The Utility Scam
Another dated but still effective fraud is the utility scam. In this case, the criminal pretends to be calling from the water, gas, or electric department in pursuit of an outstanding bill that must be paid immediately to prevent service interruption. This scam often targets not just residents, but small businesses with owners likely too busy to check on the details and more reluctant to risk having their water or lights shut off.
The Neighbor Scam
The neighbor scam employs the caller ID spoof to make it appear that someone is calling the victim’s phone from a local number, which people are more likely to answer. The caller pretends to be speaking for a neighbor in an emergency or even from a school nurse claiming to need personal information for their files.
Jury Duty Scams
Skipping jury duty is a serious matter that can result in real consequences. One of those consequences, however, will not be a phone call from a U.S. marshal or any other government agent threatening arrest if the victim doesn’t immediately pay a fine. That’s the jury duty scam, and although it’s been around for a long time, it still finds new victims every year.
The recovery scam just might be the worst of the bunch for one simple reason: it targets victims who have already been victimized. Scammers buy and sell so-called “sucker lists” — records of people who have already been scammed — and use that information to follow up with good news: They’ve recovered the money you lost in the original scam. All they need is your personal data to make sure they have the right person and/or a small fee, and they’ll help you recover the money you lost to the first scammer. There is, of course, no restitution. The scammer is merely double-dipping.
What to Do if You Get a Suspicious Call
Now that you know which scams you’re most likely to encounter, it’s important to know what to do if you think you’ve been targeted. The scammer could be casting a wide net or targeting you specifically. In either case, the actions you take or don’t take could mean the difference between being victimized and avoiding the scam. You might even be able to help authorities nab the criminals responsible for the fraud.
Screen Unfamiliar Calls
The single best way to avoid being taken in a phone scam is to never make contact with the scammer in the first place. That means your best bet in most cases is simply not to answer calls with blocked or private numbers or that you otherwise don’t recognize. “If you do not recognize the phone number on your caller ID, do not answer the phone,” Lavelle says. “Let it go to voicemail or the answering machine. Most telemarketers will hang up and not leave a message. If it’s important, the caller will leave a message.”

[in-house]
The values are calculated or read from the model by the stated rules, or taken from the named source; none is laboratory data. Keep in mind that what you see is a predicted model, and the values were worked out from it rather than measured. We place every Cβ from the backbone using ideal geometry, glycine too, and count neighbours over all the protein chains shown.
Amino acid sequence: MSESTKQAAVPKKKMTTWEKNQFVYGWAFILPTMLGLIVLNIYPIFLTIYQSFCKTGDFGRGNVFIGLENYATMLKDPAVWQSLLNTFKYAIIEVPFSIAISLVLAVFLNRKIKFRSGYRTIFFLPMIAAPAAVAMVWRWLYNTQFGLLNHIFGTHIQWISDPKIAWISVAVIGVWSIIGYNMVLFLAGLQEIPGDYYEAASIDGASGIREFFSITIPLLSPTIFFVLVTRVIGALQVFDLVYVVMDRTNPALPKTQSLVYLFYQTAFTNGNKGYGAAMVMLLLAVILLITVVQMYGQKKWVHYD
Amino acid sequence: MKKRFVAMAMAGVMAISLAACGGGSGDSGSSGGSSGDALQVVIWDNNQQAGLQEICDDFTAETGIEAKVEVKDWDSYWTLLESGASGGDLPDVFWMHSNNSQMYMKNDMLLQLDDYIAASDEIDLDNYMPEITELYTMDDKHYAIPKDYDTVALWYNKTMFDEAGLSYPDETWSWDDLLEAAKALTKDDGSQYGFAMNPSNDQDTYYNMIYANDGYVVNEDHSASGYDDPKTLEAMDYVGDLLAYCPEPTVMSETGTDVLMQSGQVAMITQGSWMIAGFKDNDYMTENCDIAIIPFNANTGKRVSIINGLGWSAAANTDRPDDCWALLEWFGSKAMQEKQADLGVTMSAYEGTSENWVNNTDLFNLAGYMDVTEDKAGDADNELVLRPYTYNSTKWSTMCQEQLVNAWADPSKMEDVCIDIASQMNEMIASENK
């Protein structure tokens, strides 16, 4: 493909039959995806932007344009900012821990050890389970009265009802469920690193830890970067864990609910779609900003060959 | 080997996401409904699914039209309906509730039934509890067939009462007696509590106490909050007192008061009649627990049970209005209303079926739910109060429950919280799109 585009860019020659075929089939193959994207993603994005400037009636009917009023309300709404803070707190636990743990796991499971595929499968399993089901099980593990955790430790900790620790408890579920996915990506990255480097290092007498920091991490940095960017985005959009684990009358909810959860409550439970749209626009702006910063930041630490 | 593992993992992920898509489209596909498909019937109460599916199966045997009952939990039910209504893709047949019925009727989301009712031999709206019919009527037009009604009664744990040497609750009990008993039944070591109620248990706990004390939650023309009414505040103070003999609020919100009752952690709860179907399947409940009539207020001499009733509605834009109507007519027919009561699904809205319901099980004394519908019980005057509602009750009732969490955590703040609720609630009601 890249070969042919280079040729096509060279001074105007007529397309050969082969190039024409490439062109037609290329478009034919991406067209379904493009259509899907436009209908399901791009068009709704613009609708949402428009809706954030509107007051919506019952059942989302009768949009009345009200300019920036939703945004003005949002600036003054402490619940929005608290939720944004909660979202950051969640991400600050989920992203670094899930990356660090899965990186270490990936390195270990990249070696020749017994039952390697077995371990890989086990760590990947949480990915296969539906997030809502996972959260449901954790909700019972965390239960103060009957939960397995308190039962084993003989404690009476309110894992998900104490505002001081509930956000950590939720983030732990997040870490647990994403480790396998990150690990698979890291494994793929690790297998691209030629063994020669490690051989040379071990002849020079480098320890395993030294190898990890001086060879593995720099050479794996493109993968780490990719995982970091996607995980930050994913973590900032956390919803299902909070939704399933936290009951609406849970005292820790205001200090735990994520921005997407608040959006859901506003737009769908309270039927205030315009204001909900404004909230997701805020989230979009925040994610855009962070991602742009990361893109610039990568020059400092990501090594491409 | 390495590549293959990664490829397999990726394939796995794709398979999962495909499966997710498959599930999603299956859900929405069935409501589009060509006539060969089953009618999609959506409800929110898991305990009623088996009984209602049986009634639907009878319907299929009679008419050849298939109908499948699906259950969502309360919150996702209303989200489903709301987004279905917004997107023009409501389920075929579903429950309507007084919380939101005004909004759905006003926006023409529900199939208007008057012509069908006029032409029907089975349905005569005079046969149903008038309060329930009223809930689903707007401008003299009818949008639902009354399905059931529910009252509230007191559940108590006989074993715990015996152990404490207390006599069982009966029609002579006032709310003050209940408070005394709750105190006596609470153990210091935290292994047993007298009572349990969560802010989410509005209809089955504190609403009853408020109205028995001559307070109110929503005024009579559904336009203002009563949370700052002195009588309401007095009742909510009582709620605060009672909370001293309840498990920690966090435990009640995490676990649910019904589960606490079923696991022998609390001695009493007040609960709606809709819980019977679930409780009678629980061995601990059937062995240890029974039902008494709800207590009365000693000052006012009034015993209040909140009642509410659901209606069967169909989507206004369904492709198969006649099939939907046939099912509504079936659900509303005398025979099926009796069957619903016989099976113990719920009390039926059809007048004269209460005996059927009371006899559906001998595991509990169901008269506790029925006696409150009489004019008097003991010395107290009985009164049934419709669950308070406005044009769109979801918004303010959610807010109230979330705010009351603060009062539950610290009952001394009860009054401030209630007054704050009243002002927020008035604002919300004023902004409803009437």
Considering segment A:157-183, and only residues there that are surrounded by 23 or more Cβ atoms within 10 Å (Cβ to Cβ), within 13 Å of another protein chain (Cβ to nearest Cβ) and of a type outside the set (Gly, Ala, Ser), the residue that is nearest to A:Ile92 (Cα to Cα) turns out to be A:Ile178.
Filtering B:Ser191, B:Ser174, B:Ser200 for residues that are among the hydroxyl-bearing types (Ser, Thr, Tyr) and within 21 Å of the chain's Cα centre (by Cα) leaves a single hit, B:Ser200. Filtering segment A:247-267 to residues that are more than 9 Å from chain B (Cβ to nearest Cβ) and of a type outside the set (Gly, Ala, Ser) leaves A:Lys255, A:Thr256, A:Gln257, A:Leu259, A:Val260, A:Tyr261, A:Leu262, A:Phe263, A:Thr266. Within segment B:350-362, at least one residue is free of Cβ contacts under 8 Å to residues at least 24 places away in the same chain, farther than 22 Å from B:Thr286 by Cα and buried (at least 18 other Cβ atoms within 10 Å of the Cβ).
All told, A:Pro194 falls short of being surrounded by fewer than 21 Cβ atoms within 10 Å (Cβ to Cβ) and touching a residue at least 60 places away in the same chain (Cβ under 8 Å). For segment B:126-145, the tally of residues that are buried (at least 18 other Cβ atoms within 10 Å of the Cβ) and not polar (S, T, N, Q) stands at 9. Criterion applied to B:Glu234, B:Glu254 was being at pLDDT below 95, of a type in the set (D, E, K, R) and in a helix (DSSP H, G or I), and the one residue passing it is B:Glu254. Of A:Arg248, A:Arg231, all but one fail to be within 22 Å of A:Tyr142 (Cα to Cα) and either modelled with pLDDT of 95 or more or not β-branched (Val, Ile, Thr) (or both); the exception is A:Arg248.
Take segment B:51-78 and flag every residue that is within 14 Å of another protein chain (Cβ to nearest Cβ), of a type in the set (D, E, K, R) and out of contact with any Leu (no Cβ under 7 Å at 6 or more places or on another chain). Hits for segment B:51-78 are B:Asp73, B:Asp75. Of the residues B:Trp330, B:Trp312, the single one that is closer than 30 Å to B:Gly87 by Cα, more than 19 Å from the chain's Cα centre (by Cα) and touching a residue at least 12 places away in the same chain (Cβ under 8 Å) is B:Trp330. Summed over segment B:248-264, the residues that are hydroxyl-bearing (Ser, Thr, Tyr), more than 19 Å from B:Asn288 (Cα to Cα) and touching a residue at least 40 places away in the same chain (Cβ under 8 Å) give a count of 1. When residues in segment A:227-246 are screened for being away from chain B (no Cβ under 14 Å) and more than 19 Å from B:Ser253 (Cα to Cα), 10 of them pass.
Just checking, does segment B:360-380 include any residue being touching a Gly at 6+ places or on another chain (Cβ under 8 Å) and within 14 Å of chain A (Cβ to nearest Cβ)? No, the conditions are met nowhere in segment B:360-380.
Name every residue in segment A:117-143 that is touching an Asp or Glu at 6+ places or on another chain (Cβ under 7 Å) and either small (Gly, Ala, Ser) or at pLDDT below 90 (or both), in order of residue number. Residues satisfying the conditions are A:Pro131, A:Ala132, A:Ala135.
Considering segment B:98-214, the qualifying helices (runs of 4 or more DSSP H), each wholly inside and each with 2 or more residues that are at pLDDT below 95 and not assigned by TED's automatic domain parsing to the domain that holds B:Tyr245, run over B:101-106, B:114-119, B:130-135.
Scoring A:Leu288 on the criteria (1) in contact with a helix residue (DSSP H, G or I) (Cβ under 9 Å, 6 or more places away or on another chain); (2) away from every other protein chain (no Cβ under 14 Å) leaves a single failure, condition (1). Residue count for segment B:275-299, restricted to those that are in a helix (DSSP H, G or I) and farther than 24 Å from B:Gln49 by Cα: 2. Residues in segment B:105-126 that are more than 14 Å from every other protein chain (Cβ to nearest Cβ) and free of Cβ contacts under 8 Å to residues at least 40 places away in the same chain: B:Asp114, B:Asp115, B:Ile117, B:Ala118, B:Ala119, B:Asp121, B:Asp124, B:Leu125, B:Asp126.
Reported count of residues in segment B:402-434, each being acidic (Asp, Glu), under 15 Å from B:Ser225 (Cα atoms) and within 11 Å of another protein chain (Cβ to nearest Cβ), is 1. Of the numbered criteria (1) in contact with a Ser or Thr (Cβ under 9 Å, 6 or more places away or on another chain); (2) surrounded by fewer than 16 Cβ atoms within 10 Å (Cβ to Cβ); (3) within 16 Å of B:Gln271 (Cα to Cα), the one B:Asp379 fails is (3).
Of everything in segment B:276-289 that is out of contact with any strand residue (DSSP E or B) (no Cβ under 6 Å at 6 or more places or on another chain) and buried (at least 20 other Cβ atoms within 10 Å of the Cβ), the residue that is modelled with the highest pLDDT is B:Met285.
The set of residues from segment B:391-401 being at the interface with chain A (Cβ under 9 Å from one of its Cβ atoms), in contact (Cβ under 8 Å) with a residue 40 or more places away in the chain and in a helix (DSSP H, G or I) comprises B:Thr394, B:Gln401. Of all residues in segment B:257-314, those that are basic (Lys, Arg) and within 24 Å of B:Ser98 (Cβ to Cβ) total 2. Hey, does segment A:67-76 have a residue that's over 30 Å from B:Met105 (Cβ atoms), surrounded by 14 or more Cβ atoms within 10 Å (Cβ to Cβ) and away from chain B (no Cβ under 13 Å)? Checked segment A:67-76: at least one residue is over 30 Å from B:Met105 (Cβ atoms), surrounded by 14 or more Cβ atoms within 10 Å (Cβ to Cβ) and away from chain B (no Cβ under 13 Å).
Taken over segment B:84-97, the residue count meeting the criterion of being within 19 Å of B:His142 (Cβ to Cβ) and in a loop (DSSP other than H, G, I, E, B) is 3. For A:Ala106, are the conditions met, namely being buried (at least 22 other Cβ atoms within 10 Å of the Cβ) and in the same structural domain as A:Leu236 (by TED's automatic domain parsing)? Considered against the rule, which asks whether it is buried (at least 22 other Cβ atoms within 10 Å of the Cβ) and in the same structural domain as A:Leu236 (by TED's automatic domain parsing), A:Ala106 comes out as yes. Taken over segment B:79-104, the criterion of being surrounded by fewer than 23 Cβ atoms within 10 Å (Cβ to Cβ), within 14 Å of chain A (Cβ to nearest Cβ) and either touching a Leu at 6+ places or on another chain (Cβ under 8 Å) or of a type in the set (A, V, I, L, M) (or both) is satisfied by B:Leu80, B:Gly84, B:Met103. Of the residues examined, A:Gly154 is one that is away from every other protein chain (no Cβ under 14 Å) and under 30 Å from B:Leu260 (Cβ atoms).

Don’t Follow Instructions
Both human scammers and automated robocall recordings often try to get you to take some sort of action just to see if they’ve reached a live person. “Never follow the automated voice asking you to press 1,” Lavelle says. “Do not push any numbers to reach a live operator. This signifies that the autodialer has reached a live number and this will probably lead to more robocalls.”
Block Repeat Offenders
If you’re getting calls regularly from the same few numbers, consider blocking them. “Most cellphone providers allow you to block an incoming number,” Lavelle says. “They work by blocking them, alerting you to a possible robocall, or forwarding suspicious calls to voicemail.”
Try Services Such as Nomorobo
One of the most reliable third-party options, according to Lavelle, is a service called Nomorobo. “It’s a free service available through most phone service providers and is designed to block robocalls and telemarketers,” he says. “While it may not prevent all robocalls from getting through, you are able to identify those calls as your phone will only ring once and the call is then rejected.”
Set Up the Anonymous Call Rejection Option
Many scammers, as well as telemarketers who are more annoying than predatory, don’t show up on caller ID. Calls from these numbers are the ones you want to eliminate almost entirely, which you can if your phone company offers anonymous call rejection. “Call your phone provider to find out if this option is available for your landline,” Lavelle says. “It lets you screen out calls from callers who have blocked their caller ID information, a tactic of telemarketers.”
Article by Andrew Lisa for cheapism©
Source: Scammers are targeting your phone. Here’s what to watch for (msn.com)